Council of Independent Colleges Historic Campus Architecture Project

 

 
Wardman Art Center

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Institution Name: Whittier College
Original/Historic Place Name: Wardman Gym
Location on Campus: east side of Upper Quad, at the south end
Date(s) of Construction:
1924original construction Allison & Allison
1998remodeled Jones, William Loyd
Designer: Allison & Allison (original); William Lloyd Jones of Venice, CA (1998)
Type of Place: Individual building
Style: Other (Glossary)
Significance: architecture, culture, education, history, religion
Narrative: see below
References: see below
Materials:
Foundation: concrete
Walls: reinforced concrete
Roof: tarred
 
Function:
ca. 1924-1970gymnasium
ca. 1970-1980theater
ca. 1970-1980academic department building (theater; included construction shop)
ca. 1980-present (2006)faculty offices (art dept)
ca. 1980-present (2006)museum (lobby art gallery)
ca. 1980-present (2006)academic department building (art; includes faculty offices, computer art editing facility, workspace)
 

Narrative:
The Wardman Art Center opened as Wardman Gymnasium in 1925. Like Wardman Residence Hall, it was also significantly underwritten by Aubrey Wardman, a pioneer telephone and oil magnate from the Whittier area who served for many years on the college's board of trustees. The Mediterranean-style building, when no longer fit for use as a gym, was replaced in that function by the modern Graham Athletics Center during the 1970s. The older building subsequently served the theater department as a construction shop and headquarters until the completion of the Shannon Center for the Performing Arts during the 1980s. It currently houses art department faculty offices, a computer art editing facility and a large arts workspace and gallery. It is a roomy, highly flexible multi-story indoor space currently without central air conditioning.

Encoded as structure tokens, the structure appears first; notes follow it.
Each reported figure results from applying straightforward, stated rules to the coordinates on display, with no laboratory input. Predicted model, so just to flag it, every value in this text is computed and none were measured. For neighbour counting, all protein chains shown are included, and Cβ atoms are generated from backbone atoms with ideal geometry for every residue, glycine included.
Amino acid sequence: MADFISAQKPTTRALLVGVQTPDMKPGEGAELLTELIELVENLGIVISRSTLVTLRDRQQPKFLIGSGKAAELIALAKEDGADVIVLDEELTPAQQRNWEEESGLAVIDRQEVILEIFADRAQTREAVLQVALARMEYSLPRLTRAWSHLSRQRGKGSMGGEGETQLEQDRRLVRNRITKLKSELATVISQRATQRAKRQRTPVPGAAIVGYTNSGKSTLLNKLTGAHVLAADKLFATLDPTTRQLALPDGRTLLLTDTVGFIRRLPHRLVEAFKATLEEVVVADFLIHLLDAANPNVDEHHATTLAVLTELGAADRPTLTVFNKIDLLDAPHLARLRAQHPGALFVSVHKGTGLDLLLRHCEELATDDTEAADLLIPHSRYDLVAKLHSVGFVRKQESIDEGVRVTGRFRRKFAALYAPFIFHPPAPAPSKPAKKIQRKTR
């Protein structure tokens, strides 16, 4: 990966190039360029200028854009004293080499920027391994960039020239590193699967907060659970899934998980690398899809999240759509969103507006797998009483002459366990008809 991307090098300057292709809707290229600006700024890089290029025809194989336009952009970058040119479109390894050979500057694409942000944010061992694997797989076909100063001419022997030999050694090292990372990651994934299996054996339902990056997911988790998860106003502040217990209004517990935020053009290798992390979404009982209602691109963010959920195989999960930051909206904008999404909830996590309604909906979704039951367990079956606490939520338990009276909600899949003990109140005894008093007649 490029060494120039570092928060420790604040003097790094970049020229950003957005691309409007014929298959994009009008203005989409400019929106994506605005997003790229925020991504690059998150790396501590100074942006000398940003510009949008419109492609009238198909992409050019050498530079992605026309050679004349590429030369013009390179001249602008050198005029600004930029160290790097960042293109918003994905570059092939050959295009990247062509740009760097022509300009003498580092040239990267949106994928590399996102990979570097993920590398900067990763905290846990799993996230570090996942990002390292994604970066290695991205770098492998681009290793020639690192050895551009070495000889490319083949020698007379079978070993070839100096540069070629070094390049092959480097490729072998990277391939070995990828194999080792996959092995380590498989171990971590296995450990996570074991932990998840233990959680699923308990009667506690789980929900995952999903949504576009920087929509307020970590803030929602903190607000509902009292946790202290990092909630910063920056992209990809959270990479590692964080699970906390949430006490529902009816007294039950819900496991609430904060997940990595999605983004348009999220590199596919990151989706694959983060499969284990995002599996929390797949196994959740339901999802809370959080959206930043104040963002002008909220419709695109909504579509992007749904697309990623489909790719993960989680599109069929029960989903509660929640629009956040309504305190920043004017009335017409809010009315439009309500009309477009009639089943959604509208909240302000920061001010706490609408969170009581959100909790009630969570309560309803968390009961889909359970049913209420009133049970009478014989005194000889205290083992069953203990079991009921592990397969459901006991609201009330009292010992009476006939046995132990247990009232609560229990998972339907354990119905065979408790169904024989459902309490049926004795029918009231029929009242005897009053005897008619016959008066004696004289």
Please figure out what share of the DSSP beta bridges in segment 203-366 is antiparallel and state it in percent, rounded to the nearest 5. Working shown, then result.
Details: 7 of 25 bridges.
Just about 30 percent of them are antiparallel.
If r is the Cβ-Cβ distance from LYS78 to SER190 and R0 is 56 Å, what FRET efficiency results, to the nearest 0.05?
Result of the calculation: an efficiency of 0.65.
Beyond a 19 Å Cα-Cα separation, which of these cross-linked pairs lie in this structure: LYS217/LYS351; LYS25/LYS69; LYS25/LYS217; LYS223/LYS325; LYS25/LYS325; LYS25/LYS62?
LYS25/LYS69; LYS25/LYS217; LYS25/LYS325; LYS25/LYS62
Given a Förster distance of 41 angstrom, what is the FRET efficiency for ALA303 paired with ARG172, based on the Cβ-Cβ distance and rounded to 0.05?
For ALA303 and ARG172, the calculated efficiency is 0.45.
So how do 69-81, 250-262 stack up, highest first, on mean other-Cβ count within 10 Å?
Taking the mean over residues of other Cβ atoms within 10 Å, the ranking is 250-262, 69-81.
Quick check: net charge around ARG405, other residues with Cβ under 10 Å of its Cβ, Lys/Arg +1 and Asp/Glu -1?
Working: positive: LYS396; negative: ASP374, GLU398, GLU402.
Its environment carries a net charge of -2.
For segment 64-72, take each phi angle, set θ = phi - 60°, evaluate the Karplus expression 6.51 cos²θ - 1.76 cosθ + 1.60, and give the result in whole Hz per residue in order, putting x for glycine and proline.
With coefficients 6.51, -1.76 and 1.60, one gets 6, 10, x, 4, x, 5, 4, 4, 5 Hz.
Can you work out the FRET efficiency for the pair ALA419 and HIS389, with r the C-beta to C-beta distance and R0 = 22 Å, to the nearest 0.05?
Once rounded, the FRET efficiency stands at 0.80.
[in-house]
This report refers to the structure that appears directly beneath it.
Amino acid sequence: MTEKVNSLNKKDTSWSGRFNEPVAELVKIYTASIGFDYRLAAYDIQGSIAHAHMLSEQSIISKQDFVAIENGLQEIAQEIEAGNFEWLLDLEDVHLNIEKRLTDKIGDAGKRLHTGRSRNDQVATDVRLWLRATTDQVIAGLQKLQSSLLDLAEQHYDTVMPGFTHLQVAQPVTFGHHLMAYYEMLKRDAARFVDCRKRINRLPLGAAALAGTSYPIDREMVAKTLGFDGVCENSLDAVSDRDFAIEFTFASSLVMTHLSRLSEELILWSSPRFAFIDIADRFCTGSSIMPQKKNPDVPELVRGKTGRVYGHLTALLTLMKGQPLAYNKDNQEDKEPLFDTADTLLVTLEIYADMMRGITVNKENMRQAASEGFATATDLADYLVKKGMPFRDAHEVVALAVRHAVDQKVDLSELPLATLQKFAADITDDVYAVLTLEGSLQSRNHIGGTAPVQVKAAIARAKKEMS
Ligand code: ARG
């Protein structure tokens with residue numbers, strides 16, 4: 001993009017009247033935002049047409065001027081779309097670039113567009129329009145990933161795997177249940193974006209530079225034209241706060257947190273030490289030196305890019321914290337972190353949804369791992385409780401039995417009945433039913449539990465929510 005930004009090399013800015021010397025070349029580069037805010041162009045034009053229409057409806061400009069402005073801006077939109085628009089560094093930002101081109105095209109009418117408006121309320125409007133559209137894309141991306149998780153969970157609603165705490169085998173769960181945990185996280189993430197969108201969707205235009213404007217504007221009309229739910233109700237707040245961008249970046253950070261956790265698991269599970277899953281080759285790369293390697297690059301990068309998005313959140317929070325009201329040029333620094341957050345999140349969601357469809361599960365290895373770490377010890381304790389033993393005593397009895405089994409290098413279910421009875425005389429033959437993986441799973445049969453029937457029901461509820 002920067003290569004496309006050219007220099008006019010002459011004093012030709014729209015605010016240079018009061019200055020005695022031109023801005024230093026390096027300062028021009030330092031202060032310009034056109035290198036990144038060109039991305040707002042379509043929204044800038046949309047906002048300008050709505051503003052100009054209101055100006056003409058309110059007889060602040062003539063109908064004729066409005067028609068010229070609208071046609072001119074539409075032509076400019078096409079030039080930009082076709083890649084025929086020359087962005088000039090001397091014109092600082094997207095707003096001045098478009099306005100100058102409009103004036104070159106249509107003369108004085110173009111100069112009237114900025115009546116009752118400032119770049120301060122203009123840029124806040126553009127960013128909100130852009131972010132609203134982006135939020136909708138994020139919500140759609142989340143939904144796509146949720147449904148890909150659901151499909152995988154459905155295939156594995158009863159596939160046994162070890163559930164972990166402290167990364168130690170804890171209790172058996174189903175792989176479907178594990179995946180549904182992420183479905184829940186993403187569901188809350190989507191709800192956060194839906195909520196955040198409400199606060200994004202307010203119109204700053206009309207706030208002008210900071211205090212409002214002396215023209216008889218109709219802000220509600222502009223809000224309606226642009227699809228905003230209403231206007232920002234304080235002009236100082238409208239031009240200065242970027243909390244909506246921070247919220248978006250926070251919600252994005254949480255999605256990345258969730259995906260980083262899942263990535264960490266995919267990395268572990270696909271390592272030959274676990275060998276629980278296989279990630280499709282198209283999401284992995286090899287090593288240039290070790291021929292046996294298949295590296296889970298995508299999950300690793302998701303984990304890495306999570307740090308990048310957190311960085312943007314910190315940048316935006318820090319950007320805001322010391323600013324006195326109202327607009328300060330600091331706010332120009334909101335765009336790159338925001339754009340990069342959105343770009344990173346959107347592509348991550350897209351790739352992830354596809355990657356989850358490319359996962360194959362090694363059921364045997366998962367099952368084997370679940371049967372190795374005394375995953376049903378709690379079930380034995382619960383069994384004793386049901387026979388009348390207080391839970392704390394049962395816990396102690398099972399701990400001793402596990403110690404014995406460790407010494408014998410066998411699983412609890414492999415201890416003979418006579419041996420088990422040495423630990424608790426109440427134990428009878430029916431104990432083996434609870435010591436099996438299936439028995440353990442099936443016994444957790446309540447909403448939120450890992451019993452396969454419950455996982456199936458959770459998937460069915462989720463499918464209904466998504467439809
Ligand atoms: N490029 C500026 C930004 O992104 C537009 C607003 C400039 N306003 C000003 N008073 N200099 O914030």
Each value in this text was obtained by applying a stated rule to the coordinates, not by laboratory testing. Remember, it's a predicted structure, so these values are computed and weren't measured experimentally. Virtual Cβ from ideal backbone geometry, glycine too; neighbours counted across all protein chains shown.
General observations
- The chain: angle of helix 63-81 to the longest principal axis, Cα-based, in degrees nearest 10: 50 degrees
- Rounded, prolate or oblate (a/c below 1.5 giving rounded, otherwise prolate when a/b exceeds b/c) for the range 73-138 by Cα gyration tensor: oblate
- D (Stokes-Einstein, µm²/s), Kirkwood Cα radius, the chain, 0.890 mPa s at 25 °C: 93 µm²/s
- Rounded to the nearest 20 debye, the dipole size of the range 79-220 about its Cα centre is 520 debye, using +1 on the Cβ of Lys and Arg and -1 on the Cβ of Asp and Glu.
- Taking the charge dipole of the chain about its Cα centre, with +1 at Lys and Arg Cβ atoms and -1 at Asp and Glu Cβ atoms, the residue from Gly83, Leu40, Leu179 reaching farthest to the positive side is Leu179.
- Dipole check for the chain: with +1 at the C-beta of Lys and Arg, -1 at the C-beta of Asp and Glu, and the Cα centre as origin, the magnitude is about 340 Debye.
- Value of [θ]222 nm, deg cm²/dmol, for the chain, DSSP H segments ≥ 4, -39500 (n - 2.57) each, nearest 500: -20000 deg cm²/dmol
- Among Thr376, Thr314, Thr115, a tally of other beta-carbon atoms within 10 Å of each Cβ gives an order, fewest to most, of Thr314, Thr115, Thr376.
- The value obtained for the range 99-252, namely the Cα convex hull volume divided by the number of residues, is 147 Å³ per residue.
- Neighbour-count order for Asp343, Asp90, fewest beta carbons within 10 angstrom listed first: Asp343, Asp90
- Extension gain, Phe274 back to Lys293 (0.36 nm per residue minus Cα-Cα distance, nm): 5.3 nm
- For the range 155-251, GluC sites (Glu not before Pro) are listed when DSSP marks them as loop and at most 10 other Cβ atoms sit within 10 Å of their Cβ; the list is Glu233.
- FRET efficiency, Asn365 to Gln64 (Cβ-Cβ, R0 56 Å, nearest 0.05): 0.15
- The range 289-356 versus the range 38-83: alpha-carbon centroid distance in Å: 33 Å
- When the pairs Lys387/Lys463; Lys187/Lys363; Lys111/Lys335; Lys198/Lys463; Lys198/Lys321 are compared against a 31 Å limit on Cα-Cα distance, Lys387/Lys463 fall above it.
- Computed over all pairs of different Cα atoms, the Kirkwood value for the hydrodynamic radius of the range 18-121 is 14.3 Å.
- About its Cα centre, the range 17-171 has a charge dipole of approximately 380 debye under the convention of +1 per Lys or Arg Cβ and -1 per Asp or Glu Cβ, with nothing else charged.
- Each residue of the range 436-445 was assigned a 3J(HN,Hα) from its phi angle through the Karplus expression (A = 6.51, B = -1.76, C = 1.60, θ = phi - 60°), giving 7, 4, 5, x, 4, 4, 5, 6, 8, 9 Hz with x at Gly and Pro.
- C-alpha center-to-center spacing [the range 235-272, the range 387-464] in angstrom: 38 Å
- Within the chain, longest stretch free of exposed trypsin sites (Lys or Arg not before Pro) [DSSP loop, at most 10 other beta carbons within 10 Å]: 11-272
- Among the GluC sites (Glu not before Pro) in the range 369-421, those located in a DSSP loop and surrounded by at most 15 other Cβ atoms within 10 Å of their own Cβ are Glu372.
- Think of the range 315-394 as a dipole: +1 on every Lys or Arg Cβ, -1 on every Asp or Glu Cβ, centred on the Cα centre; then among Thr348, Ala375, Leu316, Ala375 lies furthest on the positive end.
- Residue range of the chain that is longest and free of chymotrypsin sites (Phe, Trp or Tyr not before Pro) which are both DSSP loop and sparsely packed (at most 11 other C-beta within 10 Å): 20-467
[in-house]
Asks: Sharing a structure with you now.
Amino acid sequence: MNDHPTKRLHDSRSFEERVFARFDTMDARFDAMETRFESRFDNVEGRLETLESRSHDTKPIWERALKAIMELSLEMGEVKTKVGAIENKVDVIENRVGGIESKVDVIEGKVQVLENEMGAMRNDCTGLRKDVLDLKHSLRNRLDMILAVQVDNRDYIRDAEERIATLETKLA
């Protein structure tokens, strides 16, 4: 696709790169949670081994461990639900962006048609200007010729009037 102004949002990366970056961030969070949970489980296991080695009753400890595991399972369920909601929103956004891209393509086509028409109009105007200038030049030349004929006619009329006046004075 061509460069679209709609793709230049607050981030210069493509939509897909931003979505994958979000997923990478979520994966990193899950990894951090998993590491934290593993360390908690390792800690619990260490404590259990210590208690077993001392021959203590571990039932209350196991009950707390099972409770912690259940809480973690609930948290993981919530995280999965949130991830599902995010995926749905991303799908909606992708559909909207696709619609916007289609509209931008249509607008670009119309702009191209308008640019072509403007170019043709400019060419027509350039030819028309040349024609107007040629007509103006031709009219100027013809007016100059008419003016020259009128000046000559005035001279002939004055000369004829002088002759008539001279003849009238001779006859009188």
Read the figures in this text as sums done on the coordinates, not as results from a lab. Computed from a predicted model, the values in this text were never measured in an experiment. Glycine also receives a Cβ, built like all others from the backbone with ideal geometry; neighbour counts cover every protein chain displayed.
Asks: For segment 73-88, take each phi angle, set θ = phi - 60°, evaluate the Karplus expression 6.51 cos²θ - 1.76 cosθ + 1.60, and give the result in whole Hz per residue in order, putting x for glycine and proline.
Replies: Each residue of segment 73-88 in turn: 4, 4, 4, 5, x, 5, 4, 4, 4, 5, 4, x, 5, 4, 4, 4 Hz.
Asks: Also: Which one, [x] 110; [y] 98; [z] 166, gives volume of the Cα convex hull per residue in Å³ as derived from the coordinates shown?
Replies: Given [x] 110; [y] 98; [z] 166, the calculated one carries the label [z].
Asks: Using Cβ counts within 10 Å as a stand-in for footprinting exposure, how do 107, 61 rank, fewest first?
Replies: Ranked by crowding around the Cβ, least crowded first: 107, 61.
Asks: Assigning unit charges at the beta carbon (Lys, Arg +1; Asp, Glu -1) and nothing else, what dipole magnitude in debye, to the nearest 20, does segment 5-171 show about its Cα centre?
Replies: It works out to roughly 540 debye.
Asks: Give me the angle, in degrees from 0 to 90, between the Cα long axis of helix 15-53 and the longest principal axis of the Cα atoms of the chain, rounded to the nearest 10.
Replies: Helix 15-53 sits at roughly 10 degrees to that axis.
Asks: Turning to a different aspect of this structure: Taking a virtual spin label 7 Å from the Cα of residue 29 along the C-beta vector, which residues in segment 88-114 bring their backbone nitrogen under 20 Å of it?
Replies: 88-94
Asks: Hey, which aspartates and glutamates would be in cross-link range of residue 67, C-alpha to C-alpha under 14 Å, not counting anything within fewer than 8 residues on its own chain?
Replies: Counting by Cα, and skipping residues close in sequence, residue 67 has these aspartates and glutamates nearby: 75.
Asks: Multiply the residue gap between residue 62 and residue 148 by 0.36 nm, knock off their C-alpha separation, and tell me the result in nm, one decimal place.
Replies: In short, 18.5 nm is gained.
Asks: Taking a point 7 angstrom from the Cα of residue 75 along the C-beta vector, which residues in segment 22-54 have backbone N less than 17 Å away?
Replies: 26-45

From the 1920s to the 1960s, Wardman Gym was not only the setting for many legendary victories and defeats by the men's and women's basketball teams, but was also the scene of an historic commencement and well-attended homecoming luncheon for alumni in 1954. Vice President Richard M. Nixon and his Whittier College Class of 1934 observed their twentieth anniversary, and Nixon's cousin, Quaker author Jessamyn West (Friendly Persuasion) was a featured speaker. Nixon also received an honorary doctor of laws degree in a ceremony that drew live television coverage.

To accommodate current classroom and office space, a remodeling was completed in 1998, for which architect William Loyd Jones of Venice, CA drew the plans. At the present time, the building may need refurbishment of its roof.
 

References:

Arnold, Benjamin F. History of Whittier. Whittier, CA: Western Print Corporation, 1933.

Carter, Coila. "History of Whittier." B. A. thesis, Whittier College, 1908.

Cooper, Charles W. Whittier: Independent College in California. Los Angeles, CA: Ward Ritchie Press, 1967.

Cooper, Charles W. The A. Wardman Story. Whittier, CA: Whittier College, 1961.

Elliott, Charles, Jr. Whittier College: The First Century on the Poet Campus, a Pictorial Remembrance. Redondo Beach, CA: Legends Press, 1986.

Feeler, William Henry. History of Whittier College. M. A. thesis, University of Southern California, 1919.

Harris, Herbert Eugene. The Quaker and the West: The First Sixty Years of Whittier College. [s.l.:] Whittier College, 1948.

Pearce, Phyllis M., Claire G. Radford, and Mary Ann Rummel. Founders and Friends. Whittier, CA: Rio Hondo College Community Services, 1977.

 

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Last update: November 2006